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Yikes! Yak Shaving

Xonsh Terminal on Ubuntu Screen
Capture

Yesterday I lost the plot by yak shaving my shell setup installation process to work better under Ubuntu. The above capture illustrates that lots of progress was made, but then I forgot to actually post. Oh well!

Part of the distraction involved dealing with Linuxbrew, the Linux version of Homebrew. If I have brew successfully installed via my homely setup, it makes the package management a bit more consistent. On the other hand, Linux distros in general and Ubuntu in particular have their own package managers, which generally work better and which homely is compatible with. Also, Linuxbrew is a bit heavy handed in that you essentially need to have root privileges for the easiest install. The kicker is that there are often Linux distro packages that can be quite a few releases behind upstream, which introduces another inconsistency. I was trying to leverage pipx for a fixed base set of Python CLI apps, but Ubuntu had a way old package version that failed on a repeat request to install a Python package, breaking my overall homely install. It’s turtles all the way down 😆.

Grappling with the growing sprawl of my homely configuration and landing on the shores of a new machine I think the approach will become:

  • Hand bootstrap the process via installation of pipx as user local
  • Install a few pure Python CLIs using pipx including homely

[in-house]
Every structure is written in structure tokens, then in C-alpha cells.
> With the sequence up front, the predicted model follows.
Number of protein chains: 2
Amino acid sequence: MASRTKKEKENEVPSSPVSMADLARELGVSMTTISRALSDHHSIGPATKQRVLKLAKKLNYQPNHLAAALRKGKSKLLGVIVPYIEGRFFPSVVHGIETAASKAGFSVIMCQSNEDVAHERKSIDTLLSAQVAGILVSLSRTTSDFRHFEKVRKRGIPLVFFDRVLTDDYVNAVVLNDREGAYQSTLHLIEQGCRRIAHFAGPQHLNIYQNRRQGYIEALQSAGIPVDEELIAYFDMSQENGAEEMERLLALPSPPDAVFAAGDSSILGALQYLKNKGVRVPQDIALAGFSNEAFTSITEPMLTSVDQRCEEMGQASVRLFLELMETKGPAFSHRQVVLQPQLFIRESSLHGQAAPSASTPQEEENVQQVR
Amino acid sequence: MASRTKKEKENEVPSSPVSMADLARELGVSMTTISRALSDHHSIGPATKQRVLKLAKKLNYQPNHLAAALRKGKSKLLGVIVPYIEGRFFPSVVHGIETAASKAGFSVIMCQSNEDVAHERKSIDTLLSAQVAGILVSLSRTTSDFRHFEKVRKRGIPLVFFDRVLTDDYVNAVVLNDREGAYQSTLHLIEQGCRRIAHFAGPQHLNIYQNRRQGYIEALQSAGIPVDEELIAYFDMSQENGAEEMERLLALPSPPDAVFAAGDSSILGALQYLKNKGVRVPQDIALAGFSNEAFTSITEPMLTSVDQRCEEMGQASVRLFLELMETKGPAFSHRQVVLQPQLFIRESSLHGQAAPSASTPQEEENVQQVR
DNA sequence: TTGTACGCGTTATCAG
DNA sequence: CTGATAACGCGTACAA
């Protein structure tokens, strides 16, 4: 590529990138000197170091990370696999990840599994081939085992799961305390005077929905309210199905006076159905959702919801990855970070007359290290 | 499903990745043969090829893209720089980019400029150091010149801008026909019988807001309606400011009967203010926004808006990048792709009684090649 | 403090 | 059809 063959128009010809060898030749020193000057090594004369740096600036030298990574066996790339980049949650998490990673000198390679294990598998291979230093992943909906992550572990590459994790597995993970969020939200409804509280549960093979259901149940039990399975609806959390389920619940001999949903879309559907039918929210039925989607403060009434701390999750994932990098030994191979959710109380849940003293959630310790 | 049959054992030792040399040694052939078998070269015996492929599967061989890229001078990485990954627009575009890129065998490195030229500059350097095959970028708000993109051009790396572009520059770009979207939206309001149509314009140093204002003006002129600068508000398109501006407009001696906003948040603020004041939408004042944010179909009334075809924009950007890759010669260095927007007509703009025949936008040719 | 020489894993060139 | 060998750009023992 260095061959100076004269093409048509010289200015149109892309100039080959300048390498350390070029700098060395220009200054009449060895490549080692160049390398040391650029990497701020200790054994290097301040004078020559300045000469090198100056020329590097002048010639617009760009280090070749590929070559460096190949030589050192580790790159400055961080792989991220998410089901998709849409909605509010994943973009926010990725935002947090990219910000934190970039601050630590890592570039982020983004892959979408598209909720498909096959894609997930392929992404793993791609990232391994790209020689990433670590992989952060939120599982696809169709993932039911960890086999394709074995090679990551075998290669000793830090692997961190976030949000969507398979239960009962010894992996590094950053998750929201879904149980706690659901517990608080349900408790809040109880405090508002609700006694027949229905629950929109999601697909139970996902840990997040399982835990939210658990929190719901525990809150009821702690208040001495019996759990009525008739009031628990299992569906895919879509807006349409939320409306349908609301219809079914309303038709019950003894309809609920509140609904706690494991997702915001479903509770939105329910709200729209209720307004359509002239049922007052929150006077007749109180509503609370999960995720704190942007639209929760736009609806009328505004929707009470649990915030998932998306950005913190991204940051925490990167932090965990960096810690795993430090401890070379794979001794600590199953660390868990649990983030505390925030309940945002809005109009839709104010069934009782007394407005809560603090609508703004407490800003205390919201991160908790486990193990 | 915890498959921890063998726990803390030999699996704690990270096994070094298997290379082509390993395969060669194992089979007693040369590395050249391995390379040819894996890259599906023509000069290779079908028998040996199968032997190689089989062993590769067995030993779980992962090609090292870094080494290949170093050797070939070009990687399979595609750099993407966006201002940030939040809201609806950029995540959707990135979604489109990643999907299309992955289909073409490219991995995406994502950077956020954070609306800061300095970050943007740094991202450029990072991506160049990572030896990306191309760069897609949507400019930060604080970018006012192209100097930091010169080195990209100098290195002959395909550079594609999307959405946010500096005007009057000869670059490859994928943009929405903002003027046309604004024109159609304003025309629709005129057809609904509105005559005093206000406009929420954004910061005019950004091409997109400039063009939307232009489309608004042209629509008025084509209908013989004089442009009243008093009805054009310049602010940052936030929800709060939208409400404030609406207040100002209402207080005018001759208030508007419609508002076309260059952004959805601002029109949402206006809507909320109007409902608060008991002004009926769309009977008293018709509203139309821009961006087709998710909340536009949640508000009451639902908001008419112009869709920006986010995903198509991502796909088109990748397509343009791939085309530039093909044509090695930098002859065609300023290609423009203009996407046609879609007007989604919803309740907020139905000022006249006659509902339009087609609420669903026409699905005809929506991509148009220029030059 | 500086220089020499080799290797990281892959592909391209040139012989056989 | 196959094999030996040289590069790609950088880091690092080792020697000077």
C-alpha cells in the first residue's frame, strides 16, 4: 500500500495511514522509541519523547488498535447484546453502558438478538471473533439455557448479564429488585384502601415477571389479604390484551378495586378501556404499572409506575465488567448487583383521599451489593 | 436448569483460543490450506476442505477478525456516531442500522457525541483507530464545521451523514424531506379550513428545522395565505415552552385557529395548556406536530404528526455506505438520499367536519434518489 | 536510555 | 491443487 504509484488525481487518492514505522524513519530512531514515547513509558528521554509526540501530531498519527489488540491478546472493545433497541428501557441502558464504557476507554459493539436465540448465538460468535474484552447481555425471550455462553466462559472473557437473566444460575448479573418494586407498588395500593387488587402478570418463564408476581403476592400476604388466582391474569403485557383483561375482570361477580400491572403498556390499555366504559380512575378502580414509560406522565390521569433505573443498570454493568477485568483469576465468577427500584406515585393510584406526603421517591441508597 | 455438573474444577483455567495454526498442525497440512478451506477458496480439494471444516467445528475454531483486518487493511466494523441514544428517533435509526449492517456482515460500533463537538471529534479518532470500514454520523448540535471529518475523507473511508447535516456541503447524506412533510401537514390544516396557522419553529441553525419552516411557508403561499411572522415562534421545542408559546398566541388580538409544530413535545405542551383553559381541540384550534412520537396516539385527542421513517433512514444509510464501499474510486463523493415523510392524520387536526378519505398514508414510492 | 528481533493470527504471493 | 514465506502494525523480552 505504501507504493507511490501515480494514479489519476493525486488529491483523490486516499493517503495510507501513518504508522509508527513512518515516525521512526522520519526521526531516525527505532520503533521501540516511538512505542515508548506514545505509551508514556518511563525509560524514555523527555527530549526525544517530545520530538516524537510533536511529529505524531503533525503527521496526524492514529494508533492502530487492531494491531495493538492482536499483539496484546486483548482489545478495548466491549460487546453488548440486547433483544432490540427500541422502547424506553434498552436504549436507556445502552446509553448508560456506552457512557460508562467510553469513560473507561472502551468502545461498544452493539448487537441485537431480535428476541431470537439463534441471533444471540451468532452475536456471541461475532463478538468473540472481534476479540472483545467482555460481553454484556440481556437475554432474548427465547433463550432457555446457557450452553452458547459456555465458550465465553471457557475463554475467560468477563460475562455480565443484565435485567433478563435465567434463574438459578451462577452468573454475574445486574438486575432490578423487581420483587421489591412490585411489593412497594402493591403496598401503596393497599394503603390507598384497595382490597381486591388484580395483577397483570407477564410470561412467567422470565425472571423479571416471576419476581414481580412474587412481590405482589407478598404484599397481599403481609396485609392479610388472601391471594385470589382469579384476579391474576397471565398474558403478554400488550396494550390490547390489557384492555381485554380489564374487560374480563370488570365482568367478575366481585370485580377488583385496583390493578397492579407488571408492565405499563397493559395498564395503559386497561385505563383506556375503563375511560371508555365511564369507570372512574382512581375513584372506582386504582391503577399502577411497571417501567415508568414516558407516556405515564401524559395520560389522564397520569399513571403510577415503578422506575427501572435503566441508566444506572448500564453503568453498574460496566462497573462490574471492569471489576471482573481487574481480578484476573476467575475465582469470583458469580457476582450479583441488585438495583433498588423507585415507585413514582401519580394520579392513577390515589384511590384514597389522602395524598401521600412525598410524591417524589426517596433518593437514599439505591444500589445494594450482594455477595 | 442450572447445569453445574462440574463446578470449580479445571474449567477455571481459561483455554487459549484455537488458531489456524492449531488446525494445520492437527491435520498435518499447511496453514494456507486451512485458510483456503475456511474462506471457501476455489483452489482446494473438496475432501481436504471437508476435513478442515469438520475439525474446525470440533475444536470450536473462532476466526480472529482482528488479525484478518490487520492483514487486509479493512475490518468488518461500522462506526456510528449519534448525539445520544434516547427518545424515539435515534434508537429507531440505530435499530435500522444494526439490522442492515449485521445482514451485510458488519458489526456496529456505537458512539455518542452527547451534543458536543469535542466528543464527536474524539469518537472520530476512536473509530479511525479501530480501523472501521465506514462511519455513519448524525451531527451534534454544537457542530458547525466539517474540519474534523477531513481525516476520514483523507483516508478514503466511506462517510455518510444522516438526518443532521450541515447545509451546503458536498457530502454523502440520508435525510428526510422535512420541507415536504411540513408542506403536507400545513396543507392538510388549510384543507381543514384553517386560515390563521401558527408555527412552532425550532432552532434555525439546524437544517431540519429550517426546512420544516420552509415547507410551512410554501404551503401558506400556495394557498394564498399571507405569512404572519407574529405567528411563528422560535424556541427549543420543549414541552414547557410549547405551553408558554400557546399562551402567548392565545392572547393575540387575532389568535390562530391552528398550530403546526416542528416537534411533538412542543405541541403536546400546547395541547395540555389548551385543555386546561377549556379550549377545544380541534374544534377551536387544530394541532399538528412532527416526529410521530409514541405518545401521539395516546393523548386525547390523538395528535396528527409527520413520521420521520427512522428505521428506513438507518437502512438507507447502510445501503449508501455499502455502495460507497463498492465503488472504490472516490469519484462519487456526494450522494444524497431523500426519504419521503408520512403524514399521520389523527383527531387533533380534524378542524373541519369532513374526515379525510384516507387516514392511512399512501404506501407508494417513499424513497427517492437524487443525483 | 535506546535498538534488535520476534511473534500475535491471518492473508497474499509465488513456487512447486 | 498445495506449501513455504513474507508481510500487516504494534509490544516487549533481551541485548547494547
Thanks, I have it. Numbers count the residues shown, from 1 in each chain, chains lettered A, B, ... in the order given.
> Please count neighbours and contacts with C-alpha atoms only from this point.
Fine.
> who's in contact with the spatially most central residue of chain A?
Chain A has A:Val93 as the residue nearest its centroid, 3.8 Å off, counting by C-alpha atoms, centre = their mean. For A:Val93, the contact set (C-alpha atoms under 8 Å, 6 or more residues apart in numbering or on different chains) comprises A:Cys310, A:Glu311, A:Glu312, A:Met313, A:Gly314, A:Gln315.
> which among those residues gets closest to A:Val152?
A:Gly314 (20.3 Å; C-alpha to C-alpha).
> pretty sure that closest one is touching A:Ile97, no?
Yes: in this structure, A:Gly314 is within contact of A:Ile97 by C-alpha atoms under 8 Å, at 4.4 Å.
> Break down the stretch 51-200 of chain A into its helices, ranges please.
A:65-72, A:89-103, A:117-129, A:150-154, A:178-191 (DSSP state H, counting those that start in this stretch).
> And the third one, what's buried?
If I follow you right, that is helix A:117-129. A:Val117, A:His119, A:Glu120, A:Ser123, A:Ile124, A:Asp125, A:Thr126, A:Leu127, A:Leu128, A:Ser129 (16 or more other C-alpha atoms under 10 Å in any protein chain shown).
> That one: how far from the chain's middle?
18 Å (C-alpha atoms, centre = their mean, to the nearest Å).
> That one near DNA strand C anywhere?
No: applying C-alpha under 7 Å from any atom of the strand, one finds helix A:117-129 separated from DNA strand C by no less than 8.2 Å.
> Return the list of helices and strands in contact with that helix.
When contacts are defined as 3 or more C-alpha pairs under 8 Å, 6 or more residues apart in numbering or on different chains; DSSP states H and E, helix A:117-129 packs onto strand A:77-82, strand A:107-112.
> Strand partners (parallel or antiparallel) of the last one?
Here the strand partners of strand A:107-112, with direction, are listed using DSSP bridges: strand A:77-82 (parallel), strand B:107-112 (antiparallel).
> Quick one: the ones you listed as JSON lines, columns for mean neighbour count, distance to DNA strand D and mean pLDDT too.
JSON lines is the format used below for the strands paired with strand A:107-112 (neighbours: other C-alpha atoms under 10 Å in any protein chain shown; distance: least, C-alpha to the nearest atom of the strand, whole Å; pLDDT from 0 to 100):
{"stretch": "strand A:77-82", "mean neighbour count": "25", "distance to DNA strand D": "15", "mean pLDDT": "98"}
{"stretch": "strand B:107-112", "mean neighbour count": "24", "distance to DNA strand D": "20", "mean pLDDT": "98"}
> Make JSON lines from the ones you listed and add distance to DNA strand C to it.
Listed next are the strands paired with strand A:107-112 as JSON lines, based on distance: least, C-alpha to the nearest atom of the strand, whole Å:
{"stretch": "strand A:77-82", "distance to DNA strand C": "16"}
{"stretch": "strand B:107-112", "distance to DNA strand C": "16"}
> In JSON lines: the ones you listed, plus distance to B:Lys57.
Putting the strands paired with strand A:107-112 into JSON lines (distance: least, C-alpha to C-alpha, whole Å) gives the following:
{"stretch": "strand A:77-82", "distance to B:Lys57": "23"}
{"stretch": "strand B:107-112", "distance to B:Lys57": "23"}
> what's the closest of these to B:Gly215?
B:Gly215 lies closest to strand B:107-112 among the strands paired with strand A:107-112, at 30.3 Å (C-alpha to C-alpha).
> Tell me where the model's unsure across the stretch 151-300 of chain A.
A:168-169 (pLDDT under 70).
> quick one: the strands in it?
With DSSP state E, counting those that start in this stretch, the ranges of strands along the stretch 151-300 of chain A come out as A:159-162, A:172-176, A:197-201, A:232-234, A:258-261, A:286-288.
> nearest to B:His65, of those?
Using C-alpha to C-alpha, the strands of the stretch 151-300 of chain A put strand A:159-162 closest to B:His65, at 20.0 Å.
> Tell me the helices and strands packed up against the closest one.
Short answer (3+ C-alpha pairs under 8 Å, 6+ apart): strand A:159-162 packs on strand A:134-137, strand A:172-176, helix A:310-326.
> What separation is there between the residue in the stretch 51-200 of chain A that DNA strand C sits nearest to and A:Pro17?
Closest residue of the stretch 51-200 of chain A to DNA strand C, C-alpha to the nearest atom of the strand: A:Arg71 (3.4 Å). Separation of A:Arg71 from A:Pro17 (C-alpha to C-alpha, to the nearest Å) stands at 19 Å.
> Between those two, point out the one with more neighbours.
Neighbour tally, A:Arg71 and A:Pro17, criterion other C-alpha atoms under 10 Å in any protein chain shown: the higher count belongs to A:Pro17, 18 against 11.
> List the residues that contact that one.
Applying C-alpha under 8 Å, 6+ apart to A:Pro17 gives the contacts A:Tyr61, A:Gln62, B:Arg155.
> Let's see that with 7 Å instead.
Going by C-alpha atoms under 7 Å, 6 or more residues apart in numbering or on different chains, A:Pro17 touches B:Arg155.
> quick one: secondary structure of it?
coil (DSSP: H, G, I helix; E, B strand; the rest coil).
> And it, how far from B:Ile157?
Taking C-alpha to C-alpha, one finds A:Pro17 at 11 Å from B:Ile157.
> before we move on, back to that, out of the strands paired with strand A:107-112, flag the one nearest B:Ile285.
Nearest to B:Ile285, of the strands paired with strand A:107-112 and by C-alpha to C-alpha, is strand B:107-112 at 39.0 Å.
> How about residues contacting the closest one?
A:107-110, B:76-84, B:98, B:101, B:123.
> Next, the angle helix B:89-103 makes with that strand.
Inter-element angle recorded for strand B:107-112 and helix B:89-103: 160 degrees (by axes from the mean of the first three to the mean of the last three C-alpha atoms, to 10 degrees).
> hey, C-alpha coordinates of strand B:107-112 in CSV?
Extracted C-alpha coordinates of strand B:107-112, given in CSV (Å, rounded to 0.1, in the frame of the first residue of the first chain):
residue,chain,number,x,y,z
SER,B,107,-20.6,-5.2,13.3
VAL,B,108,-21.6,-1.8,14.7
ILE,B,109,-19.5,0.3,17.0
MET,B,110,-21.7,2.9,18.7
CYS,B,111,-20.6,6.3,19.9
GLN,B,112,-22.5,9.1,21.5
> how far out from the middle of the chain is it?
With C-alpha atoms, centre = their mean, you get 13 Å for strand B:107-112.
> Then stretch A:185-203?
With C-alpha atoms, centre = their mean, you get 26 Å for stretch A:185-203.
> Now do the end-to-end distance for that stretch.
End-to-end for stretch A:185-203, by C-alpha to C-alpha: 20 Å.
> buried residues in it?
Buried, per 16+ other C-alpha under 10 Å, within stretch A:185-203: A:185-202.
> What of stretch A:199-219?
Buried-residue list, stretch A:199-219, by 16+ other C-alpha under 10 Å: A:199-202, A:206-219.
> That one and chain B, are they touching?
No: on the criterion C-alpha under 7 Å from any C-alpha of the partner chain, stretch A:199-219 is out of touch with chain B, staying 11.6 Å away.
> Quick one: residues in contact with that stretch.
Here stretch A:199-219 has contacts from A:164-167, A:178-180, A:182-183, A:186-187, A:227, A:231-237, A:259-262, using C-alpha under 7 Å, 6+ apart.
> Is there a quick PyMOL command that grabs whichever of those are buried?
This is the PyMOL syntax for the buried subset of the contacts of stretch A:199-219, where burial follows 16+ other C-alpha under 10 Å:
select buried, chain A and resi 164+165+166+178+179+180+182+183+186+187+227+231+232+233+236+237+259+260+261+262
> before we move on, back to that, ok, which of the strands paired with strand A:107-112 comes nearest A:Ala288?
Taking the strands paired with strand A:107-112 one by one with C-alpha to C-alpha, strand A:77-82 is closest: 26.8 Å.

• Clone my private dotfiles repo onto the new machine for homely
  • Script the installation of Linuxbrew within homely
  • Default to the Linux package manager unless there’s a significant reason to get a recent version via brew, but at least that option will be there

Becoming obvious to me is that pyenv is somewhat superfluous. Generally speaking, I don’t need multiple Python interpreter versions installed, just one good one. Previously, Homebrew provided a nice means to get a Python 3.8.x or greater version installed, even though it wasn’t particularly good for preserving Python interpreters across package upgrades. Now the platforms have caught up with their stable Python 3 versions and pyenv is a bit janky from a shell perspective. The Xonsh ecosystem even has its own integration extension for pyenv. I’ll keep pyenv in the mix, deprioritize it’s installation, and monitor the usage.

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